When I get an email and click to open the attachment and there is no file association to go with it, how can I possibly know what program does?
    Please, answer this for me!!!!!!!!
    Thanks-
    Anne

    Reply
  5. Can you edit the way you edit a file also? That was with the same screen in Xp, but in Vista that window in gone. When you rightclick on an item (a jpg) you can open , print, edit and a bunch of other stuff. When you click edit it opens Microsoft photoeditor, can you change that to Photoshop p.e.. How can you do that in Vista, in XP isn’t it a problem.

    Bnny

    Reply
  6. But how does one REMOVE an association – completely? Dreamweaver snagged .ASP files on installation. Now .asp pages on the internet do not open in IE. Dreamweaver starts up instead. I followed the reassignment instructions and choose IE. The unhappy result: instead of being browsable by IE, I get an IE open or save dialog box. So it still doesn’t work. I went in to try to change this setting again and I see that Vista has created a list of preferred programs to open .ASP’s: Dreamweaver and IE. I just can’t make this go away.

    Reply
  7. Same question like Michael Brandt’s. I do not want an extension to be associated with ANY programs. I associated a program with an earlier unknown extension by mistake. To remove an association was easy to manage in earlier Windows versions but how to do it in Vista? Neither the article nor the comments helped: the only option is to raplace the associated program by another one.

    Reply
  8. Can I just ask, I have vista and my problem with the file associations is that when I reach the point where you have to choose the program, where would I go to find Microsoft Word 2007? I thought I had found it, but when I clicked on it, it didnt come up in the “Open With” box. Do you have any idea? Please help.

    Reply
  9. MS changes things just because they want to and/or to save users from their supposed stupidity… and this is a perfect example.

    1. some file types are not even listed
    2. ditto for programs, with NO way to select / browse to another one.
    3. where did editing the context menu actions for a file type go?
    4. or adding extra actions?
    5. on top of that, say you want to work with several file types– after you’re done with each one that whole module closes…and back to clicking just to get to that module again.

    Unbelievable!

    Reply
  10. I think I might have a problem similar to Ada’s. I am unable to associate Word 2007 (Winword) with .DOC files. I have tried the right click “open with” routine, and have also gone through Control panel to try and set Winword as the default program. Nothing works–seems to be a registry problem. I can open .DOC files from within Word, so they are usable that way but it’s a pain. I can also create a new user profile and everything works fine that way–normal file associations and all. However, I am reluctant to copy all my files and settings over to a new UA without trying to find a solution first. Any thoughts? I would really appreciate it 🙂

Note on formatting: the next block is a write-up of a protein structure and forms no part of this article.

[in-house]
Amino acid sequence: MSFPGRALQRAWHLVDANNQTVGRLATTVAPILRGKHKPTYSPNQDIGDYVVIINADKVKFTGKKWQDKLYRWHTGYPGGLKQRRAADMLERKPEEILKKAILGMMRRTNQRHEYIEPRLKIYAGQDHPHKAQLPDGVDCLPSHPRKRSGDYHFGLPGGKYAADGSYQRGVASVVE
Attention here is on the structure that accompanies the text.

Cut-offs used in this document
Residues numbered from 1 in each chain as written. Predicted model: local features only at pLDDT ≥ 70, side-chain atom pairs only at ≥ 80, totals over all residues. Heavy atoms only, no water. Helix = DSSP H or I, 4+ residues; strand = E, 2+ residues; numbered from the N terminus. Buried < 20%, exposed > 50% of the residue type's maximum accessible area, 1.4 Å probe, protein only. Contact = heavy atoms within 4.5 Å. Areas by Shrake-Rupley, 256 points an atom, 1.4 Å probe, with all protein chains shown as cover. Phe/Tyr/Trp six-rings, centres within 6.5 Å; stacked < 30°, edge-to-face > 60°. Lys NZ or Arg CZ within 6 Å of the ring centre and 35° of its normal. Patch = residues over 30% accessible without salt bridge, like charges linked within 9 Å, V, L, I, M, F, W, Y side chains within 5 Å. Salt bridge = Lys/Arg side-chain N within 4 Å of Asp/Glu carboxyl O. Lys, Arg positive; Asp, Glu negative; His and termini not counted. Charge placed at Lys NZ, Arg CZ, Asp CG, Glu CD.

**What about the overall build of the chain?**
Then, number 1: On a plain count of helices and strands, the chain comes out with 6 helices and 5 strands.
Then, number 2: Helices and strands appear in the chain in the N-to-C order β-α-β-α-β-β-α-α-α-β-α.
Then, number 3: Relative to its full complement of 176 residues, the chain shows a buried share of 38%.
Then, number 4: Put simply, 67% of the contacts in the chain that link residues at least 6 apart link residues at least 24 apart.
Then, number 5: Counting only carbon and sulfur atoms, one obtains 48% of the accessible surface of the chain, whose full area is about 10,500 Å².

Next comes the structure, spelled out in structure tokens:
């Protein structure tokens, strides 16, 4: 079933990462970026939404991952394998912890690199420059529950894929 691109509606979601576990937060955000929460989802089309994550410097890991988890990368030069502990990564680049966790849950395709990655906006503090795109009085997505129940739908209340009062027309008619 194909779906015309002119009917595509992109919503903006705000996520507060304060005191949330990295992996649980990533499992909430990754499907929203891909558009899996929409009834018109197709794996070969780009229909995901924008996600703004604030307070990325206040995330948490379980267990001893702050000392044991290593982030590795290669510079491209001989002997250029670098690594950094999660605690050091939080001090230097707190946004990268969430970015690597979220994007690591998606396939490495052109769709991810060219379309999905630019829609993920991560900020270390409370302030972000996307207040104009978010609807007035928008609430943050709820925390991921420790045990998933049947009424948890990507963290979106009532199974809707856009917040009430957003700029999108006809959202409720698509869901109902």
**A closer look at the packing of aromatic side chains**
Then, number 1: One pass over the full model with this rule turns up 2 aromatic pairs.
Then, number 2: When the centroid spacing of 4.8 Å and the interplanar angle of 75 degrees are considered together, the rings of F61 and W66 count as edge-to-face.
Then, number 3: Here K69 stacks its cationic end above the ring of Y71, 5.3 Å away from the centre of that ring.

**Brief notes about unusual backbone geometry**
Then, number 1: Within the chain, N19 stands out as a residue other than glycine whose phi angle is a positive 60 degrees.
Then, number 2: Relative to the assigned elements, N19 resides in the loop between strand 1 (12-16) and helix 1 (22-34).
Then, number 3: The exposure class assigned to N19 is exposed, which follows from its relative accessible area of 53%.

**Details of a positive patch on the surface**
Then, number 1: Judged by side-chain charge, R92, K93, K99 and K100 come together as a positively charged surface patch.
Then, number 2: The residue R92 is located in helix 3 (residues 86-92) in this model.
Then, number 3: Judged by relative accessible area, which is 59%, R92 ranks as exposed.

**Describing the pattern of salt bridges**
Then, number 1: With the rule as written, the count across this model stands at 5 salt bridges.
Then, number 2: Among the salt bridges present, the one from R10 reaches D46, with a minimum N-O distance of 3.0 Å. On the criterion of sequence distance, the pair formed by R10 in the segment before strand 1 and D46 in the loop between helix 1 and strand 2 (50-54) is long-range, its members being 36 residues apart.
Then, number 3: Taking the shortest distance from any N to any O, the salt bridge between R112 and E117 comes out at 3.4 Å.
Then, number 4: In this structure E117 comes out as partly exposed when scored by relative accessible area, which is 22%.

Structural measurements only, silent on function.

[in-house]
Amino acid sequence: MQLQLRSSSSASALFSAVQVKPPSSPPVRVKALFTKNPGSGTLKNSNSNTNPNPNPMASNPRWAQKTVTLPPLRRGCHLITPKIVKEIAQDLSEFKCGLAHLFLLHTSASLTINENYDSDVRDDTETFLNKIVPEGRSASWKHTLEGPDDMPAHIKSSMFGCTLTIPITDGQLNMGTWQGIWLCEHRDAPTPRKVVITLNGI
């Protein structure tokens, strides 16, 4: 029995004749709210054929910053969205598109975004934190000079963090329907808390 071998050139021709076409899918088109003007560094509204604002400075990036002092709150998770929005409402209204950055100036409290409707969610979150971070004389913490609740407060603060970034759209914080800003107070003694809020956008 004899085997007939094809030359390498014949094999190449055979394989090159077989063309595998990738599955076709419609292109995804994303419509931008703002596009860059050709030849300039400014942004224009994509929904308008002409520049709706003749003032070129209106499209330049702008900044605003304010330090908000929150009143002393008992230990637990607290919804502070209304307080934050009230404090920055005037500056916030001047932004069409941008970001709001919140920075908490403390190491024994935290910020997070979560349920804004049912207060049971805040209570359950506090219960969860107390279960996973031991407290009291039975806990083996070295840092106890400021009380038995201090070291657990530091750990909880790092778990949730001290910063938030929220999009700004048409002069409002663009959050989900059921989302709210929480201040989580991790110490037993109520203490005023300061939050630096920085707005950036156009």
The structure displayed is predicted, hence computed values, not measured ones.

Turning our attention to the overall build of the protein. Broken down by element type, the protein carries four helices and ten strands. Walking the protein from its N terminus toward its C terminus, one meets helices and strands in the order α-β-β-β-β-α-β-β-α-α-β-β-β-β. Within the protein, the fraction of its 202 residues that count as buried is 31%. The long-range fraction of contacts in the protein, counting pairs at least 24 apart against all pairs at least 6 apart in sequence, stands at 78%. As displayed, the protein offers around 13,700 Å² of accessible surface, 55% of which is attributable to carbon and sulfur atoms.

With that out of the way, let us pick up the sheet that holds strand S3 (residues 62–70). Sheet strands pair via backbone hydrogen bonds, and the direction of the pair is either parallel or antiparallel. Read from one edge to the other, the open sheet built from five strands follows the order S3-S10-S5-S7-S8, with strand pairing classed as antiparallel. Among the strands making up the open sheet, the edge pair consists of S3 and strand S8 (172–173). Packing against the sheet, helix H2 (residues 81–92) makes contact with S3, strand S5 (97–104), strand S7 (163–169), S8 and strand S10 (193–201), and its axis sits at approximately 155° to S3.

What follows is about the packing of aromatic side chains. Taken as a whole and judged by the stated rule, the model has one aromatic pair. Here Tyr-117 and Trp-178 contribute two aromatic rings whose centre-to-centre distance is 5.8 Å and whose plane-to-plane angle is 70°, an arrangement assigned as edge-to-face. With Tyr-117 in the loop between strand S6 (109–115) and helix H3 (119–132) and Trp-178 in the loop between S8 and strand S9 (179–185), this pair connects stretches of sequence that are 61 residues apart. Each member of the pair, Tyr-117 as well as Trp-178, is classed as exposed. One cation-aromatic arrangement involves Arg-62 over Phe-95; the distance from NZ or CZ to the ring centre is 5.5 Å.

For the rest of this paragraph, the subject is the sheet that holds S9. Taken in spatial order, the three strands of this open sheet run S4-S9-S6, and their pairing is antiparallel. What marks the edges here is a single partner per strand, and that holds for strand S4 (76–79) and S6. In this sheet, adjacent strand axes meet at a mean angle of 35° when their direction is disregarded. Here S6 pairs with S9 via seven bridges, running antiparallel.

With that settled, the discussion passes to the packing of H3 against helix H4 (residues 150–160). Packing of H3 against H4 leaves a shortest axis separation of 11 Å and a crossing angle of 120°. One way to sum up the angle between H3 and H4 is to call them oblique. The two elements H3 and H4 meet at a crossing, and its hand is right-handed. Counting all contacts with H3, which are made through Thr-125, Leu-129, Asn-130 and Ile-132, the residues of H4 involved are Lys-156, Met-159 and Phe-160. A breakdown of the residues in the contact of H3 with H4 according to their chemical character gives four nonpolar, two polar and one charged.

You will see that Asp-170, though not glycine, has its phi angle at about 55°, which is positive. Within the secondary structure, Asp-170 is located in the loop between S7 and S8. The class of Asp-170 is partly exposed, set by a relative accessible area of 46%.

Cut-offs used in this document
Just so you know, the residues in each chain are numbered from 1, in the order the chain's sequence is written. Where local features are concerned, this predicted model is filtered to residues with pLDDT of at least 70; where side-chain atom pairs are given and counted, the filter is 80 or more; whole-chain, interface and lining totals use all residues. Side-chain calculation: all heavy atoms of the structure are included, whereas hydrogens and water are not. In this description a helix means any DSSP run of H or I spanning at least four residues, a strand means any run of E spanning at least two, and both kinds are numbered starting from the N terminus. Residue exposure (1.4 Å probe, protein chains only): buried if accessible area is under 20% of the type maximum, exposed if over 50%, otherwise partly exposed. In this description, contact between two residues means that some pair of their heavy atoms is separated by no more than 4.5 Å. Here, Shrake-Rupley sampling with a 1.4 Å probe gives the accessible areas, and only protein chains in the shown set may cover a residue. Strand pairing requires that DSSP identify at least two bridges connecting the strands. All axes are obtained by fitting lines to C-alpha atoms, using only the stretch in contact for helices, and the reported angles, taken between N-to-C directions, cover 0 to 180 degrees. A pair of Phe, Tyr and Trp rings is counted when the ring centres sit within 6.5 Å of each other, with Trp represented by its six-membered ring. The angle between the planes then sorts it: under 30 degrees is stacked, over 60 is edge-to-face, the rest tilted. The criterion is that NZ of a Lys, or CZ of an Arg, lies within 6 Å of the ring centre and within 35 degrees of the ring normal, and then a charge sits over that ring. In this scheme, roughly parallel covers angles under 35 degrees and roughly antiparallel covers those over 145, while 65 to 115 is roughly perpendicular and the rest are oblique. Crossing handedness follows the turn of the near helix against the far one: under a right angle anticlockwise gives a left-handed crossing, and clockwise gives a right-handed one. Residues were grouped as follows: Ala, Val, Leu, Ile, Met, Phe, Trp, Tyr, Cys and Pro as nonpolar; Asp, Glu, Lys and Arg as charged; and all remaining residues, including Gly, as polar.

Reply
  11. found the association area and the option to ‘change’. How to you change it to nothing or unknown program. I associated a .let extention to notepad and I don’t have anything that will open the file and I don’t want anything to associate to it.

    Reply
  12. To answer Grant, Michael and Andras:

    The command “assoc .ext=” should remove the association for all .ext files. However, I wasn’t able to get it to work.

    I found the following GUI:
    http://www.winhelponline.com/articles/231/1/An-utility-to-unassociate-file-types-in-Windows-Vista.html
    The “Remove file association (User)” button didn’t work either, I guess it just issues the command “assoc .ext=”. I went the extra mile and selected “Delete file type,” which solved my problem – removes the extension from the registry completely.

    For you poor sods who’ve managed to associate critical file types to the wrong program (one unfortunate lady associated .exe with Adobe Acrobat, WOOPS!), there’s a utility that will ‘repair’ those critical file types back to the way they should be:
    http://www.winhelponline.com/articles/105/1/File-association-fixes-for-Windows-Vista.html

    Reply